Rhythm in Sub-Saharan Africa

African drum made by Gerald Achee
Drummers in Accra, Ghana

Sub-Saharan African music is characterised by a "strong rhythmic interest"[1] that exhibits common characteristics in all regions of this vast territory, so that Arthur Morris Jones (1889–1980) has described the many local approaches as constituting one main system.[2] C. K. Ladzekpo also affirms the profound homogeneity of approach.[3] West African rhythmic techniques carried over the Atlantic were fundamental ingredients in various musical styles of the Americas: samba, forró, maracatu and coco in Brazil, Afro-Cuban music and Afro-American musical genres such as blues, jazz, rhythm & blues, funk, soul, reggae, hip hop, and rock and roll were thereby of immense importance in 20th century popular music. The drum is renowned throughout Africa.

Rhythm in Sub-Saharan African culture

Map of African Linguistic Groups
Traditional healer (sangoma) of South Africa dancing to the rhythm of the drum in celebration of his ancestors
Kids in Alexandra township, South Africa, playing around on their father's drums

Many sub-Saharan languages do not have a word for rhythm, or even music. Rhythms represent the very fabric of life and embody the people's interdependence in human relationships. Cross-beats can symbolize challenging moments or emotional stress: playing them while fully grounded in the main beats prepares one for maintaining life-purpose while dealing with life’s challenges.[4] The sounding of three beats against two is experienced in everyday life and helps develop "a two-dimensional attitude to rhythm". Throughout western and central Africa child's play includes games that develop a feeling for multiple rhythms.[5]

Among the characteristics of the Sub-Saharan African approach to rhythm are syncopation and cross-beats which may be understood as sustained and systematic polyrhythms, an ostinato of two or more distinct rhythmic figures, patterns or phrases at once. The simultaneous use of contrasting rhythmic patterns within the same scheme of accents or meter lies at the core of African rhythmic tradition. All such "asymmetrical" patterns are historically and geographically interrelated.[6]


A djembe drum

African music relies heavily on fast-paced, upbeat rhythmic drum playing found all over the continent, though some styles, such as the Township music of South Africa do not make much use of the drum and nomadic groups such as the Maasai do not traditionally use drums. Elsewhere the drum is the sign of life: its beat is the heartbeat of the community.[7]

Drums are classed as membranophones and consist of a skin or "drumhead" stretched over the open end of a frame or "shell". Well known African drums include the djembe[8] and the talking drum[8]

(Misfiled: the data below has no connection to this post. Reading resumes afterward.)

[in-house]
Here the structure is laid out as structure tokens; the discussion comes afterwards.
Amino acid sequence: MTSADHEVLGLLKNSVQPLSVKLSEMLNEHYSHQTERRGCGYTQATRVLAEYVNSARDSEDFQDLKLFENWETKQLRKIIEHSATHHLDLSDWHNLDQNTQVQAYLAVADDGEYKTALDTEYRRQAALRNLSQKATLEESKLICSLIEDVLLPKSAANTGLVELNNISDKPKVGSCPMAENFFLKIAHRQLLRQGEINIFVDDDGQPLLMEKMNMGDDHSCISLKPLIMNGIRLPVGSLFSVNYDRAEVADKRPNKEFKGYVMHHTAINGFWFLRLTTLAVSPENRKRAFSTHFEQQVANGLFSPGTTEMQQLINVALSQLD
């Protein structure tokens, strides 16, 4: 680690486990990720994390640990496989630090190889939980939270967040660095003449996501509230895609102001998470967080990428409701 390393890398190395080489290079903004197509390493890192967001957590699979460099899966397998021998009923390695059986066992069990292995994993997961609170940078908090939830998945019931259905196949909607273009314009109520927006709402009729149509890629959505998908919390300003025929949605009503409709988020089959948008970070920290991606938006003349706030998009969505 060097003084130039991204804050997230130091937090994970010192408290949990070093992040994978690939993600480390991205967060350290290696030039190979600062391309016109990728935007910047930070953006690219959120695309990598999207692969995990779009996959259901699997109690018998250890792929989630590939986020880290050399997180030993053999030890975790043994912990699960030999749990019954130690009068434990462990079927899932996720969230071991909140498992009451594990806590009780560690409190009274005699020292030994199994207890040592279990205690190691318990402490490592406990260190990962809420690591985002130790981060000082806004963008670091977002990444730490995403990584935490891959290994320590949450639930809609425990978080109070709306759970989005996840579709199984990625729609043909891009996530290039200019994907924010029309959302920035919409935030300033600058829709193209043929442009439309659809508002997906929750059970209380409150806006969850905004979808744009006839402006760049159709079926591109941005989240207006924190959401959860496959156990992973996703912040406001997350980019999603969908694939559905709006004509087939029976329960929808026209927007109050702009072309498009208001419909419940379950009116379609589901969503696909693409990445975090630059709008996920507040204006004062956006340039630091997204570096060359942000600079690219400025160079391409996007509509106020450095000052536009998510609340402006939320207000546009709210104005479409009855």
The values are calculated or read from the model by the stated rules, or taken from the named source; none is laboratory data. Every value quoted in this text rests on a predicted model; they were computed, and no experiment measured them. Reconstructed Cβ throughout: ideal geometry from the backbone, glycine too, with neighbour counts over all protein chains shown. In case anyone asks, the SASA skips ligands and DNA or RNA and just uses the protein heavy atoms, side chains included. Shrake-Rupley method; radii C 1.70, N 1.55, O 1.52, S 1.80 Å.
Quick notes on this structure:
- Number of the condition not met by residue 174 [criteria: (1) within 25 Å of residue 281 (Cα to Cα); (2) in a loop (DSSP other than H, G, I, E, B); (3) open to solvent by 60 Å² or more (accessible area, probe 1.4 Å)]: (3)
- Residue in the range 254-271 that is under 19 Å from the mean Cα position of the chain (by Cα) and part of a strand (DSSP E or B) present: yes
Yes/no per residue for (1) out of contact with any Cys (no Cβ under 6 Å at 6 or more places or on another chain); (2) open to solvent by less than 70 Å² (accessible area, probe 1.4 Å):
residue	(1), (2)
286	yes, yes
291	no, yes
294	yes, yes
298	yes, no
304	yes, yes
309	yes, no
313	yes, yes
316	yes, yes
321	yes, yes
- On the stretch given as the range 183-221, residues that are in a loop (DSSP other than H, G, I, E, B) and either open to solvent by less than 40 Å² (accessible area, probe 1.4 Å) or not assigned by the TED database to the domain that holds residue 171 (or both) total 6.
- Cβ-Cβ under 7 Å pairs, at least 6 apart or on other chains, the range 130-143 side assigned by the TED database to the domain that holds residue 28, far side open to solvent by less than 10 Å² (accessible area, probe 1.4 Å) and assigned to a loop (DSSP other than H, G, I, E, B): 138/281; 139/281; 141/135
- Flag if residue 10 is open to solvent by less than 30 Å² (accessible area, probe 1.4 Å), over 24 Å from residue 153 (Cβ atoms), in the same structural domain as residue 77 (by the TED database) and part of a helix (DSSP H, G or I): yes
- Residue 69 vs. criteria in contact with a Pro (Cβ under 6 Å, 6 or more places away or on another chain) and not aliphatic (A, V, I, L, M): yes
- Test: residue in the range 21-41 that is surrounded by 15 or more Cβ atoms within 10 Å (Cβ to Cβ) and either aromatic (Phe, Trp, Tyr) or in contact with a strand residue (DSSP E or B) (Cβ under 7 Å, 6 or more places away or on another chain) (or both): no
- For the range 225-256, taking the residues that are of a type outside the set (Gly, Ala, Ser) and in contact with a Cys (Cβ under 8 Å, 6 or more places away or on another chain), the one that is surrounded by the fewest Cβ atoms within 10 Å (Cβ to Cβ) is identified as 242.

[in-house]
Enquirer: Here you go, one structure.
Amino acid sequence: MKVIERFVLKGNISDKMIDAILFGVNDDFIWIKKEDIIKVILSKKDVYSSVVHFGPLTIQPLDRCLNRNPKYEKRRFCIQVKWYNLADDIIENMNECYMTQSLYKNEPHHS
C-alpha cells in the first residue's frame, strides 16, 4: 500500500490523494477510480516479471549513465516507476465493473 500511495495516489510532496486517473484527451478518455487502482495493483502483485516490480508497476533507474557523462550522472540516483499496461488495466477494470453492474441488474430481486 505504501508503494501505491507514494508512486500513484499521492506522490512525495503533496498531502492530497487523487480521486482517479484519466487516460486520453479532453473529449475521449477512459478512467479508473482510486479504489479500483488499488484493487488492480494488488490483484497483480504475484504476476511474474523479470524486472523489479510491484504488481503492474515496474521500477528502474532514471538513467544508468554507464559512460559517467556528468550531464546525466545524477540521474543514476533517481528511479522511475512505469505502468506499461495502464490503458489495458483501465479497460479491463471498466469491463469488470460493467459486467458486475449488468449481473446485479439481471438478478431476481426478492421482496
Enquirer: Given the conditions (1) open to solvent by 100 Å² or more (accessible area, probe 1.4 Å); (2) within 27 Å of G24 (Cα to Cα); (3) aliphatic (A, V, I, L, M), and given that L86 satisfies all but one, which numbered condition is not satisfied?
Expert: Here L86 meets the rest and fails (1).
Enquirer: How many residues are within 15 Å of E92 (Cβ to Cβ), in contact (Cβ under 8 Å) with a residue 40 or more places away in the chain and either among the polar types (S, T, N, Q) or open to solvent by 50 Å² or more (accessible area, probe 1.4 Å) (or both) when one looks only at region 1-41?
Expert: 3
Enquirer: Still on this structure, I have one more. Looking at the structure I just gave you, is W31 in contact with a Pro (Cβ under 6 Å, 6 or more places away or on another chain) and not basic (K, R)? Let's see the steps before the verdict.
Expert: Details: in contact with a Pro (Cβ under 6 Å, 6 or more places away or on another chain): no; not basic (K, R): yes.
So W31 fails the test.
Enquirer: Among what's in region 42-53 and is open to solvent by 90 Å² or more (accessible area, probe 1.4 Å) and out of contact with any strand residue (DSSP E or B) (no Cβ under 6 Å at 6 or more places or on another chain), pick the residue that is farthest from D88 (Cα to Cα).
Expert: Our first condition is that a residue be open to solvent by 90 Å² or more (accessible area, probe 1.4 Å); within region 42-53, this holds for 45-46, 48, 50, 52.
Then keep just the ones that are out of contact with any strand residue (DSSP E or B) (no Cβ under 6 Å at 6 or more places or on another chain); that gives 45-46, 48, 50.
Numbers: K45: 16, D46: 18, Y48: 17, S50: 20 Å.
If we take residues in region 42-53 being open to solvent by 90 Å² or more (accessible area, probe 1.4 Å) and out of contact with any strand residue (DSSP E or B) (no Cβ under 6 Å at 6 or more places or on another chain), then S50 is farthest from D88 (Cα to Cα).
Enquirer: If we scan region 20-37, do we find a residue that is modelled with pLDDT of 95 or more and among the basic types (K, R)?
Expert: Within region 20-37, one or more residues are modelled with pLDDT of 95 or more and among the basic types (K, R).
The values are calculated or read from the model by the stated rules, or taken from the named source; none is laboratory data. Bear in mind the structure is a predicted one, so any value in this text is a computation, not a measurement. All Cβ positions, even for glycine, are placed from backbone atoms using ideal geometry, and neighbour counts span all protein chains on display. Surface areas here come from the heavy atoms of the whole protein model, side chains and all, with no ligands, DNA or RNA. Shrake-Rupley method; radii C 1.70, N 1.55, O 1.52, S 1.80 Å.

Many aspects of African drumming, most notably time-keeping, stem from instruments such as shakers made of woven baskets or gourds or the double bell, made of iron and creating two different tones.[9] Each region of Africa has developed a different style of double bell but the basic technology of bell-making is the same all over the continent, as is often the bell's role as time keeper. The South American agogo is probably a descendent from these African bells. Other idiophones include the Udu and the slit drum or log drum.

Tuned instruments such as the mbira and the marimba often have a short attack and decay that facilitates their rhythmic role.


African rhythmic structure is entirely divisive in nature[10] but may divide time into different fractions at the same time, typically by the use of hemiola or three-over-two (3:2), which Novotney has called the foundation of all West African polyrhythmic textures.[11] It is the interplay of several elements, inseparable and equally essential, that produces the "varying rhythmic densities or motions" of cross-rhythmic texture.[12] 3 and 2 belong to a single Gestalt.[13]

Cross-rhythm is the basis for much of the music of the Niger–Congo peoples, speakers of the largest language family in Africa. For example, it "pervades southern Ewe music".[14]

Key patterns

The standard bell pattern in simple and compound time
Main article: Bell pattern
Key patterns, also known as bell patterns, timeline patterns, guide patterns and phrasing referents express a rhythm’s organizing principle, defining rhythmic structure and epitomizing the complete rhythmic matrix. They represent a condensed expression of all the movements open to musicians and dancers.[15] Key patterns are typically clapped or played on idiophones such as bells, or else on a high-pitched drumhead.[16]

Musics organized around key patterns convey a two-celled (binary) structure, a complex level of African cross-rhythm.[17]

The standard pattern

3.2 construction of standard compound-meter bell-pattern. The four notes at the bottom are the primary beats. The upper parts show; a) two cells of 3:2, beginning on beats 1 and 3; b) the same, beginning on beats 2 and 4; c) one cell of a) and one of b) giving d) the standard bell pattern notation